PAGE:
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    School of Law Logo
  • Study Type

    Full time & Part time available

  • Subject Areas

    Law

    Sociology

  • Start Date

    September

  • Course Duration

    12 months full time | 24 months part time

  • Course Type

    LLM

  • Course Fees

    website

  • Last Updated

    15 January 2019

Course content

Overview

This programme will enable you to develop a sophisticated knowledge of current issues in criminal justice, criminology and criminal law in the UK, Europe and across the globe. It combines cutting-edge compulsory modules with a wide range of optional modules allowing you to tailor your degree to your own particular interests.

Throughout the course we’ll encourage you to:

  • examine critical issues in criminal law
  • explore the complex and dynamic nature of the criminal justice process
  • understand the mechanics of the research process
  • consider the rights of individuals within criminal justice processes.

Research insight

This programme is offered within the dynamic Centre for Criminal Justice Studies (CCJS), an internationally-recognised research centre that provides an active and multi-disciplinary environment, whose members are committed to high-quality teaching in criminal justice, criminology and criminal law. The CCJS also excels in the production of research that is empirically rich, conceptually sophisticated and policy relevant. Research is interdisciplinary and often international in its reach.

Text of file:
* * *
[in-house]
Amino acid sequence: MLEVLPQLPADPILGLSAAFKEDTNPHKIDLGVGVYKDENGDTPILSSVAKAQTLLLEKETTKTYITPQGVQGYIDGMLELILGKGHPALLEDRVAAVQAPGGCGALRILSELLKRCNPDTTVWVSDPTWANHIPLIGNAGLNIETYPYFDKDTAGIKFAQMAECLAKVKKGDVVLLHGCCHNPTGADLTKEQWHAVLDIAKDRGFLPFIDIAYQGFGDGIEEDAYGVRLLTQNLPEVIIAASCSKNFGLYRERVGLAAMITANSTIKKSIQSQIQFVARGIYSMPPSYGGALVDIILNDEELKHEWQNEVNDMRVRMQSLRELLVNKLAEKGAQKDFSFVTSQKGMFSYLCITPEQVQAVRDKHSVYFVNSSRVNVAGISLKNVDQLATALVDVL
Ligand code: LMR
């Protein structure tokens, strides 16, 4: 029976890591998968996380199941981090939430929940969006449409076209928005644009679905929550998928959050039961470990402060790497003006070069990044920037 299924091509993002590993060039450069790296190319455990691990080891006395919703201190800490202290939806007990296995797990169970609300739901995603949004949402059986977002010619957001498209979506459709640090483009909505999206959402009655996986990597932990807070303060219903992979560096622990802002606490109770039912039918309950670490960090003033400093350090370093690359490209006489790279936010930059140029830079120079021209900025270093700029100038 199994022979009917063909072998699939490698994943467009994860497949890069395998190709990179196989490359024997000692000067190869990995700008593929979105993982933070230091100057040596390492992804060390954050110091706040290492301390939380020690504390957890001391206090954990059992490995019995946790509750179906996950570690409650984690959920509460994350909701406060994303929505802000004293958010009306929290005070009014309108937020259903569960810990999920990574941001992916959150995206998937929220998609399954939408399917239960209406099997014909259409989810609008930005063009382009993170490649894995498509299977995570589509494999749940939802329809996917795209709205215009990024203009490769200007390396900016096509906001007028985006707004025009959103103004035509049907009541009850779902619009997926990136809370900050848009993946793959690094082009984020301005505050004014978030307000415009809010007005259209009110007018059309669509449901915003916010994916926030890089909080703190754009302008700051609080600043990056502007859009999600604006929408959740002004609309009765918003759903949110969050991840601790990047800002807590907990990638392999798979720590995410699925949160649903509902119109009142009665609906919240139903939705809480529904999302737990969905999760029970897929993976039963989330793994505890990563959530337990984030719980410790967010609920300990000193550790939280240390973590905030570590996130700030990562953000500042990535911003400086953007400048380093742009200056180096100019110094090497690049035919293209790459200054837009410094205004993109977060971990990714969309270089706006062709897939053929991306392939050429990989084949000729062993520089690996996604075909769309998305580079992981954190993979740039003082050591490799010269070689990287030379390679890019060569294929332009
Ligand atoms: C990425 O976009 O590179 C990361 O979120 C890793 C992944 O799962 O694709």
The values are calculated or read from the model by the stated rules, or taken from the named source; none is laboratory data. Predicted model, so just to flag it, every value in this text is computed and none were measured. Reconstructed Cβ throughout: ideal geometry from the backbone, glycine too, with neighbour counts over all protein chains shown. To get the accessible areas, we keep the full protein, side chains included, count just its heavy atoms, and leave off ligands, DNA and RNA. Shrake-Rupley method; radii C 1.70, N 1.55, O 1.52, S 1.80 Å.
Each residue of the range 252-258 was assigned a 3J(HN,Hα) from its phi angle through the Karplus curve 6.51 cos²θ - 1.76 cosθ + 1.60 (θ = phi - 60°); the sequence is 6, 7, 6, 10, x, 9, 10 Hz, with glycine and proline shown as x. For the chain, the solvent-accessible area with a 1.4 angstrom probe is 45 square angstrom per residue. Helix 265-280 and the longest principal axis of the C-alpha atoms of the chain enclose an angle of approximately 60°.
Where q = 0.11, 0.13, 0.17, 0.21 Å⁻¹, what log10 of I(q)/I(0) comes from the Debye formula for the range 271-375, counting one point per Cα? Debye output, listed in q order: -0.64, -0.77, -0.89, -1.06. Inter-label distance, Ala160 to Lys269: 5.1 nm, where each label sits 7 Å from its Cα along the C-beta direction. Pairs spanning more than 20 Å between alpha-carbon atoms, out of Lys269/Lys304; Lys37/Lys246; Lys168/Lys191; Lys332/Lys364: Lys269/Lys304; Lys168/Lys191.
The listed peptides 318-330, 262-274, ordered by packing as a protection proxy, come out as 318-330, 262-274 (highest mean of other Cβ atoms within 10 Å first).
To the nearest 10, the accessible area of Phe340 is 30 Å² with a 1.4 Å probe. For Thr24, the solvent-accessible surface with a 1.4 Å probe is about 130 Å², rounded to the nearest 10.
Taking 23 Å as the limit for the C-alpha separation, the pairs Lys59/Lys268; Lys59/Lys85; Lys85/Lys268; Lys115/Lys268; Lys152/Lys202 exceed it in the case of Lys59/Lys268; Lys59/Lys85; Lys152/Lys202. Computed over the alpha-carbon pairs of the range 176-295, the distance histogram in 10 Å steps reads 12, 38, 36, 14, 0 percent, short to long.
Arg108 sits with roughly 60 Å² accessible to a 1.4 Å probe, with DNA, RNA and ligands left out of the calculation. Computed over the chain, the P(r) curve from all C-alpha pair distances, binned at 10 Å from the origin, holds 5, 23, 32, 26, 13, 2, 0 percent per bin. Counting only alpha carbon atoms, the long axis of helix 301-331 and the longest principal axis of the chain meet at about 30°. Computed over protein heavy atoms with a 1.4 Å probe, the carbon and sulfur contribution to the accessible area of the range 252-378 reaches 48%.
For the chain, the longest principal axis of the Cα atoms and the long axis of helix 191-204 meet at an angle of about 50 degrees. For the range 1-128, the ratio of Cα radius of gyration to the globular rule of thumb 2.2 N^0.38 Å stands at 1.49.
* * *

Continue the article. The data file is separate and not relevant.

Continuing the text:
CCJS academics have conducted research for a range of external funding bodies including the Economic and Social Research Council (ESRC), the Nuffield Foundation, the Home Office, the Youth Justice Board, the Leverhulme Trust, the European Commission, the National Probation Service and others. Since 2001, CCJS members have been awarded research grants totalling over £10 million. Such projects sustain the established profile of the Centre as a pre-eminent research unit and ensure that our teaching is at the cutting edge of contemporary academic and policy debates.

Course content

Compulsory modules studied throughout the year will introduce you to fundamental principles, theories, concepts and approaches in the fields of criminal law and criminal justice. You’ll also explore and examine the intricate and complex relationships and dynamics between criminological theory, research and practice, and the impact of criminal justice processes on individuals and social groups, often in the wider context of social and political change.